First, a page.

It should also be noted that the AIR TASER cartridges are individually marked with an expiration date, which reduces the risks of deploying an expired cartridge on the street.

The graphic below illustrates the probe patterns used in the TASERTRON vs. the AIR TASER products.



Dart separation is extremely important when it comes to the knock down factor of a TASER. The wider the separation, the better the TASER effect. However, too much spread can impair accuracy at longer ranges.

When I spoke with Jack Cover, the inventor of TASER Pulse Wave technology, he stated that the minimum dart spread needed for best results is six inches. Based upon the fact that the wider the dart spread the better the takedown, Tasertron’s 12 degree separation would have a better TASER effect over a larger body surface especially within the 2.5-12 foot range where most TASER applications take place. Having said this however, the AIR TASER cartridge is still above the 6-inch minimum separation, at three feet, which is needed for a takedown. AIR TASER has also stated that they choose the 8 degree angle due to the fact that they felt that it was better to trade a little spread at close range to gain usability and accuracy at extended ranges, a valid argument. ( see attached dart spread sheet)

It should be acknowledged that the above noted separation distances for both the Tasertron TASER and the TASER International AIR TASER are best case scenarios based upon averages. It has been my experience that there may be a slight deviation in dart spread from cartridge to cartridge in both products.

The biggest advantage that the AIR TASER cartridge has over its competitor is the fact that it has 21 feet of range. Although most TASER applications take place within the 5-12 foot range, it is always tactically nice to be able to deploy a force option at greater distances if possible. The other advantage to the 21 foot cartridge is the fact that if deployed at 12 feet, an officer still has 9 feet of wire in the cartridge which can be easily let out should the subject shot with the TASER attempt to walk away. This would prevent the wires from stretching and breaking, which is a common occurrence in this type of incident.

The last concern that I have to voice, is about the issue of dart wobble. It has been stated in some literature that the AIR TASER’s longer and lighter dart had a wobble effect during flight, which effected its accuracy. It should be noted that the darts presently being used by AIR TASER are longer than those used by Tasertron but are in fact slightly heavier. I have personally viewed a professional slow speed video of the AIR TASER dart that is now being presently used, and in my opinion, dart wobble was almost non existent during flight. Based upon this fact, and the results of my accuracy testing with the AIR TASER, the dart wobble is a non-issue. In fact, I was also shown a high speed video of the TASERTRON dart as well, and the longer AIR TASER dart appears to be the more stable design.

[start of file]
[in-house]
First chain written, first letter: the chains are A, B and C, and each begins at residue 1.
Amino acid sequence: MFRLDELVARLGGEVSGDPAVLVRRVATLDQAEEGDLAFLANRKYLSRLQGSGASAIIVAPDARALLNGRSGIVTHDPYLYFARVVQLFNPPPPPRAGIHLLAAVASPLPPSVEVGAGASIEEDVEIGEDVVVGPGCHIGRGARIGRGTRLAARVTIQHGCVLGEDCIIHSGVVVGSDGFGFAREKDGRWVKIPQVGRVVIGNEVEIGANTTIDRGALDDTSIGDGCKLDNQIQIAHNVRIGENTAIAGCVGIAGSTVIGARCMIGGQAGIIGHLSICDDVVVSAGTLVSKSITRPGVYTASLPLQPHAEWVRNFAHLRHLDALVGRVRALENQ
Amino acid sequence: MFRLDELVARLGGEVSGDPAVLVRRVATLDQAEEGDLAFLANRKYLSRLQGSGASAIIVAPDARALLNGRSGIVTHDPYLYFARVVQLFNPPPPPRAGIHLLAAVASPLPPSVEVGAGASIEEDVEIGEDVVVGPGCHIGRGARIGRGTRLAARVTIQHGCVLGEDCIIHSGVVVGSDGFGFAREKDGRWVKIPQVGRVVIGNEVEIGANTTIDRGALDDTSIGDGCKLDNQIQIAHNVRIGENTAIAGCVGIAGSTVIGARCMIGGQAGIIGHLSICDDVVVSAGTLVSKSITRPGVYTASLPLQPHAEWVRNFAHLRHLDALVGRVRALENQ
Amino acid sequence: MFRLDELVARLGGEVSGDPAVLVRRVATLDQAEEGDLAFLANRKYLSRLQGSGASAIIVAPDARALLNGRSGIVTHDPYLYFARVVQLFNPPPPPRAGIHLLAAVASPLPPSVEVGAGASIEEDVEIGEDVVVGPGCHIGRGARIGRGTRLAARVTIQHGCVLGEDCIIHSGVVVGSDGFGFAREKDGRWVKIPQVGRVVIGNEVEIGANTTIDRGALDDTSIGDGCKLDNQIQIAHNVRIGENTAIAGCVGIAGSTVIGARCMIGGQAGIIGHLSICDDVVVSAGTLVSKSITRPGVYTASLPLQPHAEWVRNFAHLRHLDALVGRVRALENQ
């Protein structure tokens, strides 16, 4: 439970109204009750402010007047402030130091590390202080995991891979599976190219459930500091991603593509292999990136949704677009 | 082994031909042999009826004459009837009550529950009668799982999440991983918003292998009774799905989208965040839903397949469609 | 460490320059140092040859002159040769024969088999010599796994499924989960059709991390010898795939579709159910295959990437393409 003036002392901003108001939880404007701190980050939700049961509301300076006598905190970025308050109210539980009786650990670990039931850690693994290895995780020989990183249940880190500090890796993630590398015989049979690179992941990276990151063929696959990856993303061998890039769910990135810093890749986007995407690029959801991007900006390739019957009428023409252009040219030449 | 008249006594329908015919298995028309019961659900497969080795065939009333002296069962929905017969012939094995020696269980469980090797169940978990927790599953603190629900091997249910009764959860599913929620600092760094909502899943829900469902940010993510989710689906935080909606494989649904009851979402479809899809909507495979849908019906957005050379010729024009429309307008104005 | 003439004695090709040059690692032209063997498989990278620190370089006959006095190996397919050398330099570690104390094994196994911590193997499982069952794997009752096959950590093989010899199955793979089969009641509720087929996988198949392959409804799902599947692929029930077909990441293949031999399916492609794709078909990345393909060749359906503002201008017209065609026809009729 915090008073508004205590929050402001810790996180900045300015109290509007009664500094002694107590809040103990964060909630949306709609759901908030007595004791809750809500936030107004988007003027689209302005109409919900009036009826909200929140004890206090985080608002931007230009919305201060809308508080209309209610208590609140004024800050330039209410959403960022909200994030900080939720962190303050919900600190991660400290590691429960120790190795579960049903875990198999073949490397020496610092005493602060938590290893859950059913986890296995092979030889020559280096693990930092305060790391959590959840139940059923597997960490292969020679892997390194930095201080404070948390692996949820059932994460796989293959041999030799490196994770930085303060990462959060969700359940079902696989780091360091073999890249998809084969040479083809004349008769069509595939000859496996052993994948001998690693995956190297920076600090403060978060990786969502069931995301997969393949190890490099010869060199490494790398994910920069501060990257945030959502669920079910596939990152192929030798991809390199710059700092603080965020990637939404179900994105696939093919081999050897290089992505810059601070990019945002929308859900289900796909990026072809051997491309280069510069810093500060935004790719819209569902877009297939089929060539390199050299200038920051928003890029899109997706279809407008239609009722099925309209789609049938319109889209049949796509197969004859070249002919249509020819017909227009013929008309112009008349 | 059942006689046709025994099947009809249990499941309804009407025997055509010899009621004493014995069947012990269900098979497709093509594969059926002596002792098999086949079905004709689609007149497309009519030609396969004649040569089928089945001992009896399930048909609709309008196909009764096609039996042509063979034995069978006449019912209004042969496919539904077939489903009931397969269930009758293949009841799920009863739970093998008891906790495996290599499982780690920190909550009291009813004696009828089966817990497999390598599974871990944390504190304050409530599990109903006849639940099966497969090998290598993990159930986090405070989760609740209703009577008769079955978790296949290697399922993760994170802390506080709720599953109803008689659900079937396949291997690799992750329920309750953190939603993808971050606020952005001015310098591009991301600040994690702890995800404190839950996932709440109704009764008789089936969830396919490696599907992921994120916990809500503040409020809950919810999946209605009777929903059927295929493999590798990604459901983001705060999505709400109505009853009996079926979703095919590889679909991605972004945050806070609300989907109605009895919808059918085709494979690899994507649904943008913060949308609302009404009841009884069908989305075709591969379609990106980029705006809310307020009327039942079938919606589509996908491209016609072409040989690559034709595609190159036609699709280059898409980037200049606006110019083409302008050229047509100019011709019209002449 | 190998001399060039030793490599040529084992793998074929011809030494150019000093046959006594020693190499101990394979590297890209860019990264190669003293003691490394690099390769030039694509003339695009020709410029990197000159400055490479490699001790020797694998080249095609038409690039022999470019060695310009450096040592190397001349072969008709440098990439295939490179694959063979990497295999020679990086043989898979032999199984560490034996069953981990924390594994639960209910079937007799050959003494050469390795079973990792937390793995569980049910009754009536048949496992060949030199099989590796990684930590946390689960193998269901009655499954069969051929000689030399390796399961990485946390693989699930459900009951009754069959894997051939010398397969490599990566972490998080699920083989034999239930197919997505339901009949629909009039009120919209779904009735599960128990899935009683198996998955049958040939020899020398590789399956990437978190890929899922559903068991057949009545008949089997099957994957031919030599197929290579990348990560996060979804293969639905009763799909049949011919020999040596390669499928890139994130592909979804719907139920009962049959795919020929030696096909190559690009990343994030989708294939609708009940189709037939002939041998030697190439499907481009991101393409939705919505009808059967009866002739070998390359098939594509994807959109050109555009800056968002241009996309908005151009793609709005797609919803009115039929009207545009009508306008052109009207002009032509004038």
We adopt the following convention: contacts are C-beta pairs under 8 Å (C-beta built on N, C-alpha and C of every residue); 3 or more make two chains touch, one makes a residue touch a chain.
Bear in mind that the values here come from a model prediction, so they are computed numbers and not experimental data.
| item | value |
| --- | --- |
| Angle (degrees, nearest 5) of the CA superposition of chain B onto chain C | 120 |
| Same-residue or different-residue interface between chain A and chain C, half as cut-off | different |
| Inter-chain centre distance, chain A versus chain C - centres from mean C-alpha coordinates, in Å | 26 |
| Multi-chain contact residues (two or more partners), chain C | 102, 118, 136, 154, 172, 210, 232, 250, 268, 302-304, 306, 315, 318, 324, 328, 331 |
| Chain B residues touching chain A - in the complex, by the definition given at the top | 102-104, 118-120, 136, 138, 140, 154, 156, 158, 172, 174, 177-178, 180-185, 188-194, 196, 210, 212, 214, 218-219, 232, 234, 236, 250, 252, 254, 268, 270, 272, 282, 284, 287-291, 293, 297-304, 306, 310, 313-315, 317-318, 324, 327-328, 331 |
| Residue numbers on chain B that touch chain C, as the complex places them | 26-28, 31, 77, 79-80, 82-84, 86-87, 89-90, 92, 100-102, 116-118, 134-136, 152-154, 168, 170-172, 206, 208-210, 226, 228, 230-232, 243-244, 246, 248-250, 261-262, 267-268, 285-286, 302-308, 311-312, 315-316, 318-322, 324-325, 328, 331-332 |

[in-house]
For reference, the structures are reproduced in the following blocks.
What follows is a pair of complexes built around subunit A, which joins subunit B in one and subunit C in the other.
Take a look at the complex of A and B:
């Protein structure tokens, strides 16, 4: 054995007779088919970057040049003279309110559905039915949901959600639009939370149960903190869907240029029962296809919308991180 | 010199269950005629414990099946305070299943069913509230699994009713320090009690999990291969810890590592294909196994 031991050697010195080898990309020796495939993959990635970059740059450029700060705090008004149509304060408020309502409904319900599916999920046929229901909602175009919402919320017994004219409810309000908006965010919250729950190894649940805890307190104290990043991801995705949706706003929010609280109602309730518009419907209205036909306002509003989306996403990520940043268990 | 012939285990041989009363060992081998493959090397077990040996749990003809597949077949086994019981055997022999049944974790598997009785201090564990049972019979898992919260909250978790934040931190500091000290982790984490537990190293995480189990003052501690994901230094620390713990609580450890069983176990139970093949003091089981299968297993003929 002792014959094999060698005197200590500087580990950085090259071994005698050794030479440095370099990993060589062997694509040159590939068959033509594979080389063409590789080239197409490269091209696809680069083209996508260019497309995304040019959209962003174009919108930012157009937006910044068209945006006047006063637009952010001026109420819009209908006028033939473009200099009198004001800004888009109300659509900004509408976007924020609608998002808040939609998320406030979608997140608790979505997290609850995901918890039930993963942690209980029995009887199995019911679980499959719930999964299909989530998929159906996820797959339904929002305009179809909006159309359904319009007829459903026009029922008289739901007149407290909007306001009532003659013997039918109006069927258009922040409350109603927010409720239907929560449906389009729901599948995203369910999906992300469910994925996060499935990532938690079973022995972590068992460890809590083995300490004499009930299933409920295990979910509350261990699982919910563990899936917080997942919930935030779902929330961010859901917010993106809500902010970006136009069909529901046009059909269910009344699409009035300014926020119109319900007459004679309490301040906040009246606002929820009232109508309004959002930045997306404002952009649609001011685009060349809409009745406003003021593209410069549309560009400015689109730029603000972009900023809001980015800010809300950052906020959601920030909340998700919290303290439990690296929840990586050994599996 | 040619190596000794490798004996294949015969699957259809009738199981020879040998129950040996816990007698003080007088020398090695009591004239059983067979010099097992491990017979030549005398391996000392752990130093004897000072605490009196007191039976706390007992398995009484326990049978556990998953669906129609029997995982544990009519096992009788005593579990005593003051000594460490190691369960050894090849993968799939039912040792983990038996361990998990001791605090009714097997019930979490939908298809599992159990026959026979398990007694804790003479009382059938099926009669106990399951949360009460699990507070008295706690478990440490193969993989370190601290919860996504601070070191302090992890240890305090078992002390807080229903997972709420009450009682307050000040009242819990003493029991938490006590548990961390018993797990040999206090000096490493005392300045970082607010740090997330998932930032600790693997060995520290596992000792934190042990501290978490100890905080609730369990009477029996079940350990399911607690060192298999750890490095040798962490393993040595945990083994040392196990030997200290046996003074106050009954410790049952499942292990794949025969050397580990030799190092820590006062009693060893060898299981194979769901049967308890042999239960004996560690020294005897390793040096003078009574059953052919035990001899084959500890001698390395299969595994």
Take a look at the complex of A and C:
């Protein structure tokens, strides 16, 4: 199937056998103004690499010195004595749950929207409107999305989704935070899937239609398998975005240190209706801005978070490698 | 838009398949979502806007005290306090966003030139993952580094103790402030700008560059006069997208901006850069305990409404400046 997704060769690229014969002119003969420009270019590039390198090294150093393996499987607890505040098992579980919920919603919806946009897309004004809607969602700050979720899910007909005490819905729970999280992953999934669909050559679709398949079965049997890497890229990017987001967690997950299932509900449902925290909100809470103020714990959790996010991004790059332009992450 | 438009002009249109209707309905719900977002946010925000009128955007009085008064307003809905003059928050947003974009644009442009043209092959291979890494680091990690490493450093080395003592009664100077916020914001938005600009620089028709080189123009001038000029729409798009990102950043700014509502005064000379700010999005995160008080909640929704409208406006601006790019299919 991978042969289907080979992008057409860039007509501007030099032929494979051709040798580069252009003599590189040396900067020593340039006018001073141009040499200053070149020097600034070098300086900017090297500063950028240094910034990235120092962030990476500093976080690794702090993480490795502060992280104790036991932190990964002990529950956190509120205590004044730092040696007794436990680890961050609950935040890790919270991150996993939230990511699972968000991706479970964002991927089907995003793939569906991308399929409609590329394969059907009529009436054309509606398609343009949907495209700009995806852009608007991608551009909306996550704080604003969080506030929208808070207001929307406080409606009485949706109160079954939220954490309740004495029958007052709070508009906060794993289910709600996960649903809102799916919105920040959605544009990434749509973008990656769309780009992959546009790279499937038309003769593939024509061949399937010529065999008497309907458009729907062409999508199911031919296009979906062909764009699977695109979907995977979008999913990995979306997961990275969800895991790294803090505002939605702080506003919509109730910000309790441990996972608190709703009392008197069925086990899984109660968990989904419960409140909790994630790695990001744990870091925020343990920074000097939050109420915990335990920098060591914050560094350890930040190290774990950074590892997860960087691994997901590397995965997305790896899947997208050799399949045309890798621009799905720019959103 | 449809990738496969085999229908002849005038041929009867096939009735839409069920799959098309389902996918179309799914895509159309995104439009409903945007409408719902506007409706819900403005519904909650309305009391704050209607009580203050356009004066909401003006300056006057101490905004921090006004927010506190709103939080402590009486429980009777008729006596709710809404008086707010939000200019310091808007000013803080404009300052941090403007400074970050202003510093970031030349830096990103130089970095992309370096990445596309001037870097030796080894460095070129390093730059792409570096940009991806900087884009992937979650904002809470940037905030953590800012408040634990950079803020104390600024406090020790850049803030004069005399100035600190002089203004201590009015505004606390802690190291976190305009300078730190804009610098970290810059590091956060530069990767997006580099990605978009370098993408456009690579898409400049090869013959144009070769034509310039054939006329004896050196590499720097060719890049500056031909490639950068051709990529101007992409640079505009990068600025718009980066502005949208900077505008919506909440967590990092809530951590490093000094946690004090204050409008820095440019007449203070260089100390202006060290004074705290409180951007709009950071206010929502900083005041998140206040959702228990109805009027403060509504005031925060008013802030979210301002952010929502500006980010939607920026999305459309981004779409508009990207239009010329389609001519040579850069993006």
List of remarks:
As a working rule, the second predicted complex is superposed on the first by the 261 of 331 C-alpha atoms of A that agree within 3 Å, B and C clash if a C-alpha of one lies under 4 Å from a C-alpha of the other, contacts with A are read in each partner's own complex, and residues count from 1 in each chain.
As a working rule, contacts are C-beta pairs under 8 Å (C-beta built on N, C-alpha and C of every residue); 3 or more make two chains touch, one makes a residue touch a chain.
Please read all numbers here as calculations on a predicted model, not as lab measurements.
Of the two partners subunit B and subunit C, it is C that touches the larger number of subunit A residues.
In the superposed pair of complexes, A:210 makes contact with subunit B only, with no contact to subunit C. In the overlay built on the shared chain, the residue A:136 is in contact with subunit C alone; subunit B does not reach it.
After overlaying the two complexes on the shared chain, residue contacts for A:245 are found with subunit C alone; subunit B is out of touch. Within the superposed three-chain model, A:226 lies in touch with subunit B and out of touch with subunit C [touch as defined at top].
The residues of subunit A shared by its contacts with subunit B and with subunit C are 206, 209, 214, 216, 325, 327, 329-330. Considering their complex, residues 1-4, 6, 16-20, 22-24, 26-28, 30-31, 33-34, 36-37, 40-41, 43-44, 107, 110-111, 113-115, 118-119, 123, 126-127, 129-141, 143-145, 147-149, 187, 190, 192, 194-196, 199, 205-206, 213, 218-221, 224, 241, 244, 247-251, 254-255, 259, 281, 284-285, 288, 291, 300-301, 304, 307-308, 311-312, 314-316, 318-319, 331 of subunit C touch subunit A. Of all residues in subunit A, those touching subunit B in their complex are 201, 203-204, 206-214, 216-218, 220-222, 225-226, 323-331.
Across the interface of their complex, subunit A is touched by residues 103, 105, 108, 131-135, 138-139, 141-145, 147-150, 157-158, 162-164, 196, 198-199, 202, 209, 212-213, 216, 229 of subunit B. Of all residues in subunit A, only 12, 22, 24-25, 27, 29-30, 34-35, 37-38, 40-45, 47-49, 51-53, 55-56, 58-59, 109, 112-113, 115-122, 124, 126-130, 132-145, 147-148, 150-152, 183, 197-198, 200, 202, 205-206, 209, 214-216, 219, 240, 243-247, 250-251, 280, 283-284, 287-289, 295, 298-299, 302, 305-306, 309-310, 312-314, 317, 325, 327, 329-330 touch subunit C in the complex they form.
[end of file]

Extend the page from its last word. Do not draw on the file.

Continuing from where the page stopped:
Power Supply:


Tasertron recommends that all of its TASER units only be operated with a specifically recommended ni-cad battery. For best results, it is recommended that ni-cad batteries be replaced every shift with a freshly charged one. On a fully charged Ni-cad, the Tasertron units will operate for about 70-140 seconds and only half of this should be considered reliable power. In other words, due to the fact that Tasertron recommends a 5-10 second TASER burst be utilized when deployed, members are only guaranteed to have at maximum 7-10 five-second usage’s per battery before it needs to be changed or recharged. One of the biggest disadvantages with a nicad is the inability to test how much power it has left and as such, there is no device on today’s market that can reliably tell how much charge remains in a used ni-cad battery. This is why it is so important that departments that use ni-cad batteries ensure that they have a regimented battery exchange program in effect, to ensure that freshly charged ni-cads are always being deployed in Tasertron units. This has been one of the biggest problems in many of the agencies that I have spoken with. It is also recommended that old ni-cads be rotated out every six months with new ones. I should advised readers that our department has had no problems with ensuring the proper rotation of recharged ni-cad batteries in our Tasertron units, each and every shift change.

TASER International:

The AIR TASER model 34000 only uses the alkaline 9v Eveready Energizer® battery as its power source. In testing, they found that it performed well within the required parameters needed to operate TASER pulse wave technology. Due to the fact that the AIR TASER uses an alkaline battery and not a ni-cad, the 34000 has a power indicator light on the handle, that when blinking, tells the operator that the battery has enough power for at least 2-3 thirty second applications.